- Have numbness or tingling in your hands or feet (peripheral neuropathy) unless it is very mild
- Have had surgery in the last 4 weeks
- Have a serious heart condition, high blood pressure that cannot be controlled with medication or have had a heart attack or stroke in the past
- Take other medication that can affect an enzyme called CYP3A4
The trial has already recruited 10,000 men so far. It is a randomised trial. The men taking part are put into treatment groups by a computer. Neither you nor your doctors will be able to decide which group you are in.
Please note - group A, group K and group L are open for men to join. These groups are as follows.
- Group A have hormone therapy or an orchidectomy, some men might also have radiotherapy and or a chemotherapy drug called docetaxel and some might have a targeted drug called abiraterone. These are standard of care treatments
- Group K have standard of care treatment, plus metformin
- Group L have the transdermal oestradiol patch, as a replacement of the hormone therapy with standard of care treatments
The following groups are now closed and no more men can join. These groups are as follows.
- Group B have standard of care treatment, plus zoledronic acid (zoledronate or Zometa)
- Group C have standard of care treatment, plus docetaxel (Taxotere)
- Group D have standard of care treatment, plus
- Group E have standard of care treatment, plus zoledronic acid and docetaxel
- Group F have standard of care treatment, plus zoledronic acid and celecoxib
- Group G have standard of care treatment, plus abiraterone tablets
- Group H have standard of care treatment, plus radiotherapy to the prostate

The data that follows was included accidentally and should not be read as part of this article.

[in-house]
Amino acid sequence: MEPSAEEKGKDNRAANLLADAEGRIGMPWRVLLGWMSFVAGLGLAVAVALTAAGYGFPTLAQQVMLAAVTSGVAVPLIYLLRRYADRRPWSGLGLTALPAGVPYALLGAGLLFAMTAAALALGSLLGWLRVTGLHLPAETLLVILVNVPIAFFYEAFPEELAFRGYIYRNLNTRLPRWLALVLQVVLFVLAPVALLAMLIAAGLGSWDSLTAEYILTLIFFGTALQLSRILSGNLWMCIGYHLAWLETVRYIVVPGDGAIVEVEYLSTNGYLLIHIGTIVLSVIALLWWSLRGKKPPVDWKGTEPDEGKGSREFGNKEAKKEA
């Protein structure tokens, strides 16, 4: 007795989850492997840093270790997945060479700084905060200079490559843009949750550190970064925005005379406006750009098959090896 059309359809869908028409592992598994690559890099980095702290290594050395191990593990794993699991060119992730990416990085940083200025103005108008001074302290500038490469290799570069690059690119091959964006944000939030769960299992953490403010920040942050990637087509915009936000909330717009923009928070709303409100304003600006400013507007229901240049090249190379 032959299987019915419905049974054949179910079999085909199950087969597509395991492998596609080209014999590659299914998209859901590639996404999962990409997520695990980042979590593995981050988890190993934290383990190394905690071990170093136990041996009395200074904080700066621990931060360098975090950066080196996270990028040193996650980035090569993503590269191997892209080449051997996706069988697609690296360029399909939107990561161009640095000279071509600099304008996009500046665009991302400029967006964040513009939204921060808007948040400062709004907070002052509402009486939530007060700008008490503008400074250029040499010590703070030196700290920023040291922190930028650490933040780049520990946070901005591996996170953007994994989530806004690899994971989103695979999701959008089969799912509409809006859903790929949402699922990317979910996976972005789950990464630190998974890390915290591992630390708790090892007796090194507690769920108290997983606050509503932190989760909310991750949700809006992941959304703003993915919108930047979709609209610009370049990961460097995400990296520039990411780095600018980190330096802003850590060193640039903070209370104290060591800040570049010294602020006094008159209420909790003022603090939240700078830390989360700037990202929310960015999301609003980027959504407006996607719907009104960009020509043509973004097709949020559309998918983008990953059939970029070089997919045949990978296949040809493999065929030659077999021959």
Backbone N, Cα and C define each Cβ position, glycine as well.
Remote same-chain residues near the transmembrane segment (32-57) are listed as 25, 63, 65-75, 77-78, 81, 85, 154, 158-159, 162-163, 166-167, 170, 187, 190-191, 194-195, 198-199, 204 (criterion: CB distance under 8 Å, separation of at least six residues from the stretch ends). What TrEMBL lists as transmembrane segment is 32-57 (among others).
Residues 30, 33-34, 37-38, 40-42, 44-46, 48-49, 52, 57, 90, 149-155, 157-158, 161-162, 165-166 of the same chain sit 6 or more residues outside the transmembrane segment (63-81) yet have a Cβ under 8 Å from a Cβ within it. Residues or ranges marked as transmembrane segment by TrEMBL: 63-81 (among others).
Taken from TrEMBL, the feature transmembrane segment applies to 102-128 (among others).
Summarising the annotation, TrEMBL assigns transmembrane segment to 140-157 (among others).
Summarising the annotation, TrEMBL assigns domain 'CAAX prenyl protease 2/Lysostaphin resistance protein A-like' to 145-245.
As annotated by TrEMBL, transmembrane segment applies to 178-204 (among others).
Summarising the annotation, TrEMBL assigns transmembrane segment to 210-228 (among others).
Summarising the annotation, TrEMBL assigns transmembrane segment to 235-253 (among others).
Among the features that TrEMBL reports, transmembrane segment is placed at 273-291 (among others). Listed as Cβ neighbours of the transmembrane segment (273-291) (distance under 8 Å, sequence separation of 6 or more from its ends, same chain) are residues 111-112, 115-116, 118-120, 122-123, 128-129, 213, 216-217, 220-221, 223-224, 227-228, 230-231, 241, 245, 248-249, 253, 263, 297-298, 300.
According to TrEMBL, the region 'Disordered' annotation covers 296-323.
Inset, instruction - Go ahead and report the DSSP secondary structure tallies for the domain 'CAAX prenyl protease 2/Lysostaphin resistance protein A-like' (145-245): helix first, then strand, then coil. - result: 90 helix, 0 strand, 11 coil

- Group J have standard of care treatment, plus abiraterone and enzalutamide
Please note, some parts of the STAMPEDE trial have results. We have a separate summary of the STAMPEDE trial results.
Open groups (Group A, K and L)
All men in groups A and K have hormonal treatment. This could be hormone injections or an operation to remove both testicles (an orchidectomy). The hormone testosterone is made by the testicles, so if they are removed, the level of testosterone falls dramatically. Any other treatment you have will depend on which treatment group you are in.
In Group L, the transdermal oestradiol patch is put on a hairless part of the skin on the upper body. The hormone is gradually absorbed through the skin. You have this instead of hormone therapy as described above. Research suggests that having hormone treatment this way may reduce side effects.
To start with you have 4 patches changed twice a week, for example Monday and Thursday, for 4 weeks. After 4 weeks your hormone levels are checked. If the levels are satisfactory you then have 3 patches changed twice a week.
If you are in group K, metformin is a tablet you take once a day with food or after food.
Quality of life